Many of the names commonly chosen for baby girls in Catholic countries these past centuries are rather telling: Dolores, Mercedes, Addolorata, Catena, Crocifissa, and the names of female Congregations in the age of the Counter-Reformation: sisters being victimised, crucified, enslaved, humiliated... Thus, Catholics have too often experienced a God who was on the wrong side, who wanted their suffering on this side perhaps so that he could reward it on the other side. Today, Catholic theology has finally distanced itself from the theology of expiation and from the sacrificial interpretation of Christ's passion: «Otherwise there is the risk of not directing one's gaze in the right direction of the mystery of God» (Giovanni Ferretti, Rethinking sacrifice in an evangelical way/Ripensare evangelicalmente il sacrificio, 2017). The logic of sacrifice must be transformed into a logic of gift, its direct opposite because it is completely gratuitous.
In the meantime, however, the Catholic Church would also need a true purification of its memory, above all for what was allowed to happen in female monasteries and convents. We belatedly apologized to Galileo Galilei, there are tens of thousands of victims, who have been waiting too long for our collective apologies, after the solemn and heartfelt apologies of Saint John Paul II in the Great Jubilee of the Year 2000, to which I here add my own. Sorrows do exist in the world and human civilization must do everything to reduce them, and God - the God revealed in Jesus Christ - is the first one to want it. When pain arrives, we need to live it in the best ethical and spiritual way possible, but never think or say that God is the one who sends it to us or likes it.
The civil and economic implications here are also considerable. The idea of meritocracy was born in the United States and was then exported everywhere. It was born in an environment of a distinct Calvinist nature, and therefore anti-merit, which secularized merit and transformed it into an economic category. However, it should not surprise us that the countries that are the most enthusiastic about meritocracy are Catholic: today's Italy has even included the word "merit" in the name of its Ministry of Education. Thus, theology based on the combination of sacrifice-merit produces a commercial vision of God and of life. The more you sacrifice, the more you will achieve. God becomes a passive accountant of debts and credits and gratuitousness-grace leaves the scene in a Pelagian world where we save ourselves by gaining merit with the currency of suffering. There is more, however.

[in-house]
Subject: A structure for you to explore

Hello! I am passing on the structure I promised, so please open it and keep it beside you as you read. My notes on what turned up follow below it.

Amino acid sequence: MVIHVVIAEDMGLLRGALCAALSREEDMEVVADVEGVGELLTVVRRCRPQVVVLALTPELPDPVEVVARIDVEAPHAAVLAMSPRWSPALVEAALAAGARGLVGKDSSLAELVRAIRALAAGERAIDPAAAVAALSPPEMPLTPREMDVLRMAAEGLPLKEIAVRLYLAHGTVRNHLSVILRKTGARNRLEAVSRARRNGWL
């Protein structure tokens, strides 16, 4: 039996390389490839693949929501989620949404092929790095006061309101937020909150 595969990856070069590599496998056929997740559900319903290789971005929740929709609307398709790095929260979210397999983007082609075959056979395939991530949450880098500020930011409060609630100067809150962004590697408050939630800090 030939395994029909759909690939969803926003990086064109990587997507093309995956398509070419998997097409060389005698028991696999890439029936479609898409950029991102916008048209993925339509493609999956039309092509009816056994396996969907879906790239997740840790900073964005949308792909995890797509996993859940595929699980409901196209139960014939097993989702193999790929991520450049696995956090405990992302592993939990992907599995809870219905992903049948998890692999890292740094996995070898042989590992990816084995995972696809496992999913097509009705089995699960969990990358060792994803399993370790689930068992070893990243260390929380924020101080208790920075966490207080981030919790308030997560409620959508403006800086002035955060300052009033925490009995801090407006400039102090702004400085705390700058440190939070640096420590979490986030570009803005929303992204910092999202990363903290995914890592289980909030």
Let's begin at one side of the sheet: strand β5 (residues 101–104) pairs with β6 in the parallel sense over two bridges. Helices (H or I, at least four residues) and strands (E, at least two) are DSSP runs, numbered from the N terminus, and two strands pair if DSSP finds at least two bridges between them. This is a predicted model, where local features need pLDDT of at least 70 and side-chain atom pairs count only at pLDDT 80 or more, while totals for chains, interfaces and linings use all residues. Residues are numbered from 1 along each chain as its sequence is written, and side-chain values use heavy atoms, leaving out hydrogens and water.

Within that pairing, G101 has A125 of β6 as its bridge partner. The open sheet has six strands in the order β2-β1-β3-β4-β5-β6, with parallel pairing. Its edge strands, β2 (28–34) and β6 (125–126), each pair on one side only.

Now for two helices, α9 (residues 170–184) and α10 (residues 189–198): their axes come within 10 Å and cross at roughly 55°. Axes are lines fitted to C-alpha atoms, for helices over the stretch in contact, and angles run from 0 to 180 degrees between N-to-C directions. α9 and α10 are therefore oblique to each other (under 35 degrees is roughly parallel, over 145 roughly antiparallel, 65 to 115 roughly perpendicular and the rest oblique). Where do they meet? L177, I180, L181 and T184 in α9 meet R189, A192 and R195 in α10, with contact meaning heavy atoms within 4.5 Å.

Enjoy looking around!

Linking the category of merit to the idea of sacrifice has produced the idea that true virtue requires sacrifice and suffering and that true merits are what will earn us heaven or purgatory. Hence, the most valuable rewards for sacrifice are not wages, but base money.
From here, arriving at the conclusion that occupations that were largely female - such as school, healthcare, services, the work of consecrated women - should not be paid too much, because otherwise money would reduce the purity of the "sacrifice" and its true merits, was quickly done: « The fruit of riches is to despise them. The primary intention of God in granting riches is that we derive merit and interest for the next life» (G. Fenoglio, The real mother/La vera madre, cit., p. 248). The great theme of the excessive and asymmetrically distributed weight carried by women returns. In Nietzsche's The Joyful Wisdom, the madman announces, with a desperate cry, that "God is dead" and that "we have killed him". We find ourselves in a civilization that has decreed the death of God; we see examples of this every day. Nevertheless, there may be a light within this night, which I would like to express by whispering a question: What if the "dead god" was that god who was too distant from the hearts of men and women? If so, what if this death brings the dawn of a resurrection?